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Energy Demand To Double By 2030: Can Texas Grid Handle The Surge?

Pablo Vegas, CEO of the Electric Reliability Council of Texas (ERCOT), said the company is projecting that the state will need to nearly double its energy production over the next six years, thanks to new data centers and crypto-mining facilities that are planning to come to the state.

Previously, ERCOT predicted that the grid would need to grow from 85,000 MW to 110,000 MW to keep up with demand. But last week, Vegas said the agency had to raise that estimate to 150,000 MW by 2030 because more data centers, hydrogen production facilities and oil and gas companies have asked to connect to the grid.

“All of that is putting together a picture of a very significant, different demand growth that is forcing us to really re-think how we’re looking at planning to make sure we can meet those needs and continue to deliver on the expectations of all Texans,” Vegas said.

Much of this growth is coming from the Permian Basin, where oil and gas companies are transitioning to electric operations. In addition, data centers and cryptocurrency mining facilities are demanding significant amounts of electricity, sometimes several times more than entire cities currently use.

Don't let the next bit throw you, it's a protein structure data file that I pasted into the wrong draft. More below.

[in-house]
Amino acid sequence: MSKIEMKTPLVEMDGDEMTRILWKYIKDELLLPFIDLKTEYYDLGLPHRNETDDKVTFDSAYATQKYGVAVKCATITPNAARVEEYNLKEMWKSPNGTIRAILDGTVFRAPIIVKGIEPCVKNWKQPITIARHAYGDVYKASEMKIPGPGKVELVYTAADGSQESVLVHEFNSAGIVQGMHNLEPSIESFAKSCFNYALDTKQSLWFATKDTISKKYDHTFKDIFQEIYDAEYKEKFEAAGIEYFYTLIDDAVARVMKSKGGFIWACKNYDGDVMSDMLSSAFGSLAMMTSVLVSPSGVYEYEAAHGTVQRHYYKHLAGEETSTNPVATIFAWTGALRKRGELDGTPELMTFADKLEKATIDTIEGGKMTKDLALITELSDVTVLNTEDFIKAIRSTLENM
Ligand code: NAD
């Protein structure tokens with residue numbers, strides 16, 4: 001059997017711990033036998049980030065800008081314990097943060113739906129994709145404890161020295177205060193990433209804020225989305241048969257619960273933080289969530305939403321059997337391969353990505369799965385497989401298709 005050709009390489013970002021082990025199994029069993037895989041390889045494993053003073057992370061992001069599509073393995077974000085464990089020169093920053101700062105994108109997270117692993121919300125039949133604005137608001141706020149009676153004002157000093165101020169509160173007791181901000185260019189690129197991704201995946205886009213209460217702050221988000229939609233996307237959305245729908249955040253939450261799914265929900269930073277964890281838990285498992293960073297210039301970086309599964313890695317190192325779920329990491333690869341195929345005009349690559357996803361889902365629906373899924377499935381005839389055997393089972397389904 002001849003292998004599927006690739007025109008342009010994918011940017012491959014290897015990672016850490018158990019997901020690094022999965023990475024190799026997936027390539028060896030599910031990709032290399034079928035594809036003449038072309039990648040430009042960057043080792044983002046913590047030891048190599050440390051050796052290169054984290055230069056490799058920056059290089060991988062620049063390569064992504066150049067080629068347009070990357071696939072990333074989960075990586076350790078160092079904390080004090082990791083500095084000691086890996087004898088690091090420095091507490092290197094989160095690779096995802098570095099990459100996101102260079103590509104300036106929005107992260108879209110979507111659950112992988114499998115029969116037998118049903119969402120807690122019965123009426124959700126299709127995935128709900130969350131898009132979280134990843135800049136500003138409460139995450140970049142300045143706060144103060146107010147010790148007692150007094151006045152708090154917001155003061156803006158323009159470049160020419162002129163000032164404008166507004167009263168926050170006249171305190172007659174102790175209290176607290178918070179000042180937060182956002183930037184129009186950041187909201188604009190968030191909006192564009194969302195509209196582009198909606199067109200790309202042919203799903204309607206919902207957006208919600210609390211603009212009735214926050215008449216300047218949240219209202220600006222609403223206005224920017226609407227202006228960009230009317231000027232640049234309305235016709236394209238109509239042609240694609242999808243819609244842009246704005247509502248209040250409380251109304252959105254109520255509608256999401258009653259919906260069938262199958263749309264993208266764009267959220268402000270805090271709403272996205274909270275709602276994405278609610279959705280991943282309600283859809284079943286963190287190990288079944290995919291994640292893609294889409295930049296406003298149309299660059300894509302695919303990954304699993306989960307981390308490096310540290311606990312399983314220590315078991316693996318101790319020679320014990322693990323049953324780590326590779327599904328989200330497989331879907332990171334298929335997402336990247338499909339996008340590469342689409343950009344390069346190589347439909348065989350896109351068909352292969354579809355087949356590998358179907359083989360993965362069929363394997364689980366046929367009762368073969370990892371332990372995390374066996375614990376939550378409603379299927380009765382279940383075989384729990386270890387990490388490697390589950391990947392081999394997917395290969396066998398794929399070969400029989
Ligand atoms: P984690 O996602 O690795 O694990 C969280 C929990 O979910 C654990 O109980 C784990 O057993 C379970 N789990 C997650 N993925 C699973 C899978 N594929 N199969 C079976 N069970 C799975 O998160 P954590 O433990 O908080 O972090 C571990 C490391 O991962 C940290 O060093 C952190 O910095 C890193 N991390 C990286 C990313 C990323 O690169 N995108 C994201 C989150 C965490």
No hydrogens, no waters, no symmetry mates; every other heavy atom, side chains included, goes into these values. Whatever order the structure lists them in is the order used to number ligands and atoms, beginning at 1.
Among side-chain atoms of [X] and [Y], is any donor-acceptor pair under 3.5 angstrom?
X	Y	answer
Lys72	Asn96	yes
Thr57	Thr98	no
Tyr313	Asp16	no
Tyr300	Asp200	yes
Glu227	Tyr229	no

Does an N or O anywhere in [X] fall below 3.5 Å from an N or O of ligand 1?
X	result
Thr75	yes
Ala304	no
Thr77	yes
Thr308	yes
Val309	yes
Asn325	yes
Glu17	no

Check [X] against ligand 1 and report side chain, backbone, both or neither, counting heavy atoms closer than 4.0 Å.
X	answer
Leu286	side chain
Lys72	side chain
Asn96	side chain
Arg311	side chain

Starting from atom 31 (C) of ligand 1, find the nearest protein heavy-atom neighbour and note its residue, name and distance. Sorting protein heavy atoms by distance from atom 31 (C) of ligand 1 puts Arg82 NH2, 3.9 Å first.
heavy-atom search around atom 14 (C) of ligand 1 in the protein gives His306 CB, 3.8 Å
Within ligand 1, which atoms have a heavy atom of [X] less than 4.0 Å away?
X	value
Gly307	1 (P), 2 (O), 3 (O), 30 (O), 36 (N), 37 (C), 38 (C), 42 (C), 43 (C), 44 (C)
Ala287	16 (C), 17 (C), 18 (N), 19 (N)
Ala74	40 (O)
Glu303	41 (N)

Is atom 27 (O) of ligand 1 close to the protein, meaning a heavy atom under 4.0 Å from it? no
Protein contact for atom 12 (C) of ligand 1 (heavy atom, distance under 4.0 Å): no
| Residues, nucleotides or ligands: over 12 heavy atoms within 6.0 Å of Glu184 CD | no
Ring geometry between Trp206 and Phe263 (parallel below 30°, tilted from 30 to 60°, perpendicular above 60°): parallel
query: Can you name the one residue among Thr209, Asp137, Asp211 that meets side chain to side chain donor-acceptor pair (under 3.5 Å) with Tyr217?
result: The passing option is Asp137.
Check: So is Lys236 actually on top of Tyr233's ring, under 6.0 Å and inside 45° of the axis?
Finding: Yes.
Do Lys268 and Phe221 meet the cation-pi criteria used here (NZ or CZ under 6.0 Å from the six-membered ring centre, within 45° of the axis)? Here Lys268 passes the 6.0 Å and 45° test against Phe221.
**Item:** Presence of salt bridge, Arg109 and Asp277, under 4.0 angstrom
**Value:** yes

State Sen. Charles Schwertner raised concerns about entities like bitcoin mining companies profiting from the electricity market by selling back pre-purchased power during tight grid conditions, which has led to higher power bills for Texans.

Lt. Gov. Dan Patrick also expressed concerns over the projections.

“Crypto miners and data centers will be responsible for over 50% of the added growth. We need to take a close look at those two industries,” He wrote on Twitter/X. “They produce very few jobs compared to the incredible demands they place on our grid. Crypto mining may actually make more money selling electricity back to the grid than from their crypto mining operations.”

The projections are also affected by a new law that allows officials to consider a company’s request for grid connections before they are finalized. This makes that most data centers are considered for the grid, even if they still are building a facility in the state.

“There’s a lot of unknowns,” Cyrus Reed, conservation director of the Lone Star Chapter of the Sierra Club, told the Texas Tribune. “But it’s what they’re putting into their system for planning purposes.”

Electricity experts also pointed out the necessity of expanding transmission lines to meet the projected demand, a process that requires significant time and investment.

Despite these uncertainties, experts agree on the need for additional power generation and improved transmission infrastructure.

RA Staff
RA Staff
Written by RA News staff.


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